September 20, 2017
Sean Spicer and Margaret Atwood at the Emmys
by Simon Reichley
Television is a pretty big deal in America. Lots of people watch it. Lots of people get paid too much money to write about it. Some people imagine political figures as characters in popular television shows. It isn’t entirely clear why any of this is true, but that’s pretty much the way it is here, and, probably, in other places.
One of the manifestations of the importance of television in America is, of course, a television show called The Emmys.
This year’s 69th (nice) installment of The Emmys was notable for a couple of high-profile firsts: The truly excellent Donald Glover became the first African-American to win Outstanding Directing for a Comedy Series for his show Atlanta, and Lena Waithe became the first African-American to win Best Comedy Writing for her work on Aziz Ansari’s Master of None. Also, a notable second: Julia Louis-Dreyfus tied Cloris Leachman’s record of eight prime-time wins. Congratulations to everyone!
Two other notable things happened, and while both may have been firsts, they were not remarked upon as such, at least not by much mainstream coverage of the event.
The first thing to mention is the very large number of awards the television adaptation of Margaret Atwood’s seminal dystopian novel The Handmaid’s Tale received. From Joe Otterson at Variety:
The dystopian series based on the book of the same name by Margaret Atwood won eight Emmys this year, including outstanding drama series, outstanding lead actress in a drama series (Elisabeth Moss), outstanding writing for a drama series (Bruce Miller), outstanding supporting actress in a drama series (Ann Dowd), and outstanding directing for a drama series (Reed Morano)
That’s a lot of art deco statuary. Dowd and Moss both thanked Atwood, along with the standard litany of family members, colleagues, and multinational corporate overlords (Hulu and MGM in this case). Moss, however, also broke script a little, thanking and praising her mother in terms that caused the prime-time TV censors to leap into action: “My mother, you are brave and strong and smart and you have taught me that you can be kind and a fucking badass.”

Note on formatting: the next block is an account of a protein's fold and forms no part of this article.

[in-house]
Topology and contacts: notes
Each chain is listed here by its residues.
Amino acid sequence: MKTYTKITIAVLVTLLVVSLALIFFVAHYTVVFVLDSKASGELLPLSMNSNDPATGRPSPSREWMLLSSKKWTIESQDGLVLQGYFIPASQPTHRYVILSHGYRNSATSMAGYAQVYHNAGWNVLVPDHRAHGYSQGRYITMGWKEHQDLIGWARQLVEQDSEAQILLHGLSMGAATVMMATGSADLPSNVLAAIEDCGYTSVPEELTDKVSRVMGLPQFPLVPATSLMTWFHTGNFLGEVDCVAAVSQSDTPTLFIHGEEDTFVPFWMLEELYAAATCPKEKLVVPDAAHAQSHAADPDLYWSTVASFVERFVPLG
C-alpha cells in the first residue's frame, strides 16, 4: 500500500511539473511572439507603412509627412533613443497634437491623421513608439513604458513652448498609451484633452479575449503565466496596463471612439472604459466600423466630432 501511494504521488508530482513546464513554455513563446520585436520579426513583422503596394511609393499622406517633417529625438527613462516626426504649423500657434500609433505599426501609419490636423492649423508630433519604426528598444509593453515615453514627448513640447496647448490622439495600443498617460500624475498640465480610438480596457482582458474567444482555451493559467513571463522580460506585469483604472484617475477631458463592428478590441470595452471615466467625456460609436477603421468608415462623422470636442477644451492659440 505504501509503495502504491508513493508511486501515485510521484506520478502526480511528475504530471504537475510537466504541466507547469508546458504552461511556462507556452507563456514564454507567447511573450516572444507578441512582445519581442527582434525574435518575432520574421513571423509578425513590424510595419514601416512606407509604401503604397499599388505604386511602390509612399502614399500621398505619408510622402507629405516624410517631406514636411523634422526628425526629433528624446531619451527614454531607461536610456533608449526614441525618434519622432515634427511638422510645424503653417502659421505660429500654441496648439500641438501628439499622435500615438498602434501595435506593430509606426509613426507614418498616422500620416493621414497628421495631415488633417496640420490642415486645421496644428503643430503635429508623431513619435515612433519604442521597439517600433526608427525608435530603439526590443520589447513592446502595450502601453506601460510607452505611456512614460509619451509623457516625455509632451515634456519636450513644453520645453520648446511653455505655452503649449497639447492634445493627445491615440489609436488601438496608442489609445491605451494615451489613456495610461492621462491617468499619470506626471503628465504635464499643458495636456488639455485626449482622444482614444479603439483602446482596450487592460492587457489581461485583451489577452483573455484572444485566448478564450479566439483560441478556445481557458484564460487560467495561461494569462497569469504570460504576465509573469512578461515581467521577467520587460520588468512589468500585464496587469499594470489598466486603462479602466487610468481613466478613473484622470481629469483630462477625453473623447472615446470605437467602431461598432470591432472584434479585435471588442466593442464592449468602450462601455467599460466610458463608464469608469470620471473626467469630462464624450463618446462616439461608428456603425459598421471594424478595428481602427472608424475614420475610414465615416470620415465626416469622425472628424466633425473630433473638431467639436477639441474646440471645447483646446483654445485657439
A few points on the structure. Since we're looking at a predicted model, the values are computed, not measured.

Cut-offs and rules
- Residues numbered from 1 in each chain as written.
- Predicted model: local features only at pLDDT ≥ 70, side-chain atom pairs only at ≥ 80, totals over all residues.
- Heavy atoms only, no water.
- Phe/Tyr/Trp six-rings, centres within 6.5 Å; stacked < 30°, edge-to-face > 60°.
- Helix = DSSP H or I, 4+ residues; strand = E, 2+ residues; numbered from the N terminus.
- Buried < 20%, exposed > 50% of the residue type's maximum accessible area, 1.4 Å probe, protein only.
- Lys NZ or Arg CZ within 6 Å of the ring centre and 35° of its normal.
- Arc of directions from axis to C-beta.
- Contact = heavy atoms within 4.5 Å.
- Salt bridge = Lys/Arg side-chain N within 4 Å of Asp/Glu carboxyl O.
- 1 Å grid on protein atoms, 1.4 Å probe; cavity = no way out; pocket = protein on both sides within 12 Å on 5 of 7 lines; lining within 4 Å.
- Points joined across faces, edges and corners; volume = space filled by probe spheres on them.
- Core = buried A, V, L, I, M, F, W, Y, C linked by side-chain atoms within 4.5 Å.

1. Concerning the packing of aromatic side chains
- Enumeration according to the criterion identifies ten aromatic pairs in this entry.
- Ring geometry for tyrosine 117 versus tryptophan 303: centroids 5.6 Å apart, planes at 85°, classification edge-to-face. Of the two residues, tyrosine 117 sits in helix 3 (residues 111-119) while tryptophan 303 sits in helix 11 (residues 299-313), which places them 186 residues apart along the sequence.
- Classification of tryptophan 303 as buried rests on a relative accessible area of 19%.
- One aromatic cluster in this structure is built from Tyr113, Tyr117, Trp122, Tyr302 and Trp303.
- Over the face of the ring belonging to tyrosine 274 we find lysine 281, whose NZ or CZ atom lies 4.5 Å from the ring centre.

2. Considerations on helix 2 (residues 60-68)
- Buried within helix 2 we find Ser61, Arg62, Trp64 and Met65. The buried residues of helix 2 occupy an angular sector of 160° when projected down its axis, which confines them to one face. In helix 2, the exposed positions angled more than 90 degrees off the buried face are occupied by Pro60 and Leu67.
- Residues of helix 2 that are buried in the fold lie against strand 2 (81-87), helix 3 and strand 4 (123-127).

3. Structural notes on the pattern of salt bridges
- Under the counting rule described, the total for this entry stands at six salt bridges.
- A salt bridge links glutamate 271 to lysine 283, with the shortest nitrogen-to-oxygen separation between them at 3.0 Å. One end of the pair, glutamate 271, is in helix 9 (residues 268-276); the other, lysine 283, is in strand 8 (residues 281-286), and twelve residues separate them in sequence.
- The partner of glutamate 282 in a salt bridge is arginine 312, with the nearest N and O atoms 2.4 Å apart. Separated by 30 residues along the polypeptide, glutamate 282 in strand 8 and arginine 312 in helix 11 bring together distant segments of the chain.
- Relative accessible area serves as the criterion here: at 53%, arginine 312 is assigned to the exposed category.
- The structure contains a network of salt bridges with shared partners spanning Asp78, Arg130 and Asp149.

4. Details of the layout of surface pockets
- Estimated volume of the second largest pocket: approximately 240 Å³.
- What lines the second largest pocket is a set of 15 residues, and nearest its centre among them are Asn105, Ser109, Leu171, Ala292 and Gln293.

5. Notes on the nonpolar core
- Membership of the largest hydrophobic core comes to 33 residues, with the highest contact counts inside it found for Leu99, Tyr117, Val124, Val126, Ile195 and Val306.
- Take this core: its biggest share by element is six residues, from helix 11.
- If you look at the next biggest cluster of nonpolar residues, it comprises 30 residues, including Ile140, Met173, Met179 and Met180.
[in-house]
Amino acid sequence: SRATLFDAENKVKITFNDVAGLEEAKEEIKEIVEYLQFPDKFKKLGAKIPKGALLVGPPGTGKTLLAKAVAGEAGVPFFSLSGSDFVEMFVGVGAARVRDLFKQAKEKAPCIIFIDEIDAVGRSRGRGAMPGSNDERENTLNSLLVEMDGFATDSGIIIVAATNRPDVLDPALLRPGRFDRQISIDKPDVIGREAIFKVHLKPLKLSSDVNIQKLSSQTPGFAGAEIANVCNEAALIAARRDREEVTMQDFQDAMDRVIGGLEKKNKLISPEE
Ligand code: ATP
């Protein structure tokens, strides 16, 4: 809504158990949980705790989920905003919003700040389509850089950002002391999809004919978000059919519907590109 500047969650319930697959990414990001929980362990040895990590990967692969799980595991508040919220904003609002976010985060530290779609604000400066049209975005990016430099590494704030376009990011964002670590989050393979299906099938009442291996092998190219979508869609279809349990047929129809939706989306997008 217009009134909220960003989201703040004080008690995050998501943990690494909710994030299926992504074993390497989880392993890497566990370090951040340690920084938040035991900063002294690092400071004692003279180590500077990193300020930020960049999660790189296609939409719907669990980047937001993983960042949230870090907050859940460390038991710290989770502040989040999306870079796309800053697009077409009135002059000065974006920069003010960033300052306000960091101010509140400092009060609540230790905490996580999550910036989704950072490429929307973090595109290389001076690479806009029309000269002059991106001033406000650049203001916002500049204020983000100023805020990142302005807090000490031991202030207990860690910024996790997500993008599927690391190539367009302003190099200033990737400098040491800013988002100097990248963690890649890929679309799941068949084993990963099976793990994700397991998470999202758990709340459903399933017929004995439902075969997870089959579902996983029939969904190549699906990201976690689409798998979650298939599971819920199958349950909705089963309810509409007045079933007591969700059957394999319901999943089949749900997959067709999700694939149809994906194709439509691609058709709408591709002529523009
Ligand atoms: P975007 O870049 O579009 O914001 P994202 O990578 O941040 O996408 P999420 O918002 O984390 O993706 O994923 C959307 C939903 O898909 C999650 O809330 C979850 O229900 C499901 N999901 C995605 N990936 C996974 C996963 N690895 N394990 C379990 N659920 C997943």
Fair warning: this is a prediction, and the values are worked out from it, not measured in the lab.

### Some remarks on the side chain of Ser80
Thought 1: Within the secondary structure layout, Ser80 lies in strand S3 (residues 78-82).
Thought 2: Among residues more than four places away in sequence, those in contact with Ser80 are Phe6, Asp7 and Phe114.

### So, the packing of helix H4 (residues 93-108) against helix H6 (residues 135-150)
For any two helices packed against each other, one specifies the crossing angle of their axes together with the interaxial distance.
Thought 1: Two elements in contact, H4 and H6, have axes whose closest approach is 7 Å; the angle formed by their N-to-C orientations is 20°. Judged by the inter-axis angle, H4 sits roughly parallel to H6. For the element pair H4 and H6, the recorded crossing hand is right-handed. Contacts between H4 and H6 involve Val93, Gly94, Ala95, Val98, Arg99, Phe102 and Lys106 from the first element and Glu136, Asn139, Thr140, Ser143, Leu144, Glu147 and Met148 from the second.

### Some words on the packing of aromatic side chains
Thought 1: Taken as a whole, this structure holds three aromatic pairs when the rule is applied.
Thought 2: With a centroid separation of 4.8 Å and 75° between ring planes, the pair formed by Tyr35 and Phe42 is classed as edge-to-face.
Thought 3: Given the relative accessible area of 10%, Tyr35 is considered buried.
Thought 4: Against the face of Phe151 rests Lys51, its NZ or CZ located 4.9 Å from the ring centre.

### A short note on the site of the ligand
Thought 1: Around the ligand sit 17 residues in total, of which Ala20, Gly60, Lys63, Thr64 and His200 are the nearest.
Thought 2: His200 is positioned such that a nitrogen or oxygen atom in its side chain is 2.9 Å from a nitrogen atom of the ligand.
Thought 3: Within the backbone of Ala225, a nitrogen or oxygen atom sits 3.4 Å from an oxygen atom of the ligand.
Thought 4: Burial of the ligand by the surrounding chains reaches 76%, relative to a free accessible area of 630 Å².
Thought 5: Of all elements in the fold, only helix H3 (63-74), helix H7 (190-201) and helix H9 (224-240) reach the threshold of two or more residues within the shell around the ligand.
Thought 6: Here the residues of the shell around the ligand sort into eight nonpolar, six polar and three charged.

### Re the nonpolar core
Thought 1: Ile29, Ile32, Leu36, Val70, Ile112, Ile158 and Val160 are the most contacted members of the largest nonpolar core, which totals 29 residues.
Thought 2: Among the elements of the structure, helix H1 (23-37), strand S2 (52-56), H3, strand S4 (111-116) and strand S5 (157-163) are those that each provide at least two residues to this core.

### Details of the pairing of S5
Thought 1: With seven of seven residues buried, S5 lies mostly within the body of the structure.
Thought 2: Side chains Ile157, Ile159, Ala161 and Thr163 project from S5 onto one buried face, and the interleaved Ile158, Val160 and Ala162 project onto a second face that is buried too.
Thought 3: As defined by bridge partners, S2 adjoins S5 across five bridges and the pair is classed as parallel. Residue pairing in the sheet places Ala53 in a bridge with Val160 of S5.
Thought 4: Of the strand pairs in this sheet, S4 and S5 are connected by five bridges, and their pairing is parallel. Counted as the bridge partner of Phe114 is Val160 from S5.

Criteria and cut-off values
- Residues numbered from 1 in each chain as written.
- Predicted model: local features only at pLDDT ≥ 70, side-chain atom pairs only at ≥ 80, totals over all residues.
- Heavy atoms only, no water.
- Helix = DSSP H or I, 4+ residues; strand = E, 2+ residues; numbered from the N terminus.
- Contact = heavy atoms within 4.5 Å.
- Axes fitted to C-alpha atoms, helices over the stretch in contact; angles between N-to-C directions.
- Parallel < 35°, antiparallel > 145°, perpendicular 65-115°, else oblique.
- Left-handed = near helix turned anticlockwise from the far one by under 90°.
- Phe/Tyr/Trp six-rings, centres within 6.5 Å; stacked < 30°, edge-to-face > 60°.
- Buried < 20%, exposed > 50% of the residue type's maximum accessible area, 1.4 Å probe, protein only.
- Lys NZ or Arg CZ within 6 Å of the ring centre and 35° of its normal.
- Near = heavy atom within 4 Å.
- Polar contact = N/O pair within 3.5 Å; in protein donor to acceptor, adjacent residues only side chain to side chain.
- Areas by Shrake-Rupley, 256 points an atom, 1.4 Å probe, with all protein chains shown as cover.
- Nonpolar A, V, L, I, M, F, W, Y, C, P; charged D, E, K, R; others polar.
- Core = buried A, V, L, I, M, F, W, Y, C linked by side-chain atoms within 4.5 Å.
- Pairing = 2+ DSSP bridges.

When the show won Best Drama, Margaret Atwood (and her purse) took the stage along with the cast and crew, though Atwood herself did not speak.
So, seems like the Emmys were pretty freakin’ woke, as it were. Certainly that’s the angle that Vanity Fair‘s Joanna Robinson takes in a piece titled How the Emmys Raised a Surprising Middle Finger to the Patriarchy. The piece elevates the diversity of this year’s Emmys to the level of a substantial political achievement.
This brings us to the second thing: Sean Spicer’s baffling cameo during Stephen Colbert’s opening monologue. Outraged response was swift, brutal, and totally justified, even though Spicer’s utter humiliation does elicit a tiny measure of queasy sympathy. Though let us be clear. This. Man. Is. A. Monster.
Which is exactly why Robinson’s take seems more than a little off. Don’t get us wrong, representation is hugely important. The work that people like Shonda Rhimes and Marley Dias are doing is necessary and serious.
But the fight for more and better representation in prestige television has not materially changed the political situation in America. Exhibit A: Our fucking president. Exhibit B: Sean fucking Spicer, a guy who as Press Secretary for the Fucking President denied that Hitler had gassed “his own people.”
Rhimes, at least seems to agree. In a profile at Vanity Fair, she tells Yohana Desta that the show was “embarassing,” and that “I’m hoping that it’s not a trend. I’m hoping that people don’t feel satisfied because they saw a lot of people win, and then think that we’re done.” Which nicely gets to the heart of the issue. It’s great that the Academy acknowledged The Handmaid’s Tale and Margaret Atwood, and that Dolly Parton called Donald Trump a bigot, and that African-American film professionals are finally getting their due. But none of it is political.
Glover himself acknowledged the empty symbolism of his award, thanking Donald Trump “for making black people number one on the most oppressed list… He’s the reason I’m probably up here.”
Simon Reichley is the rights and operations manager at Melville House.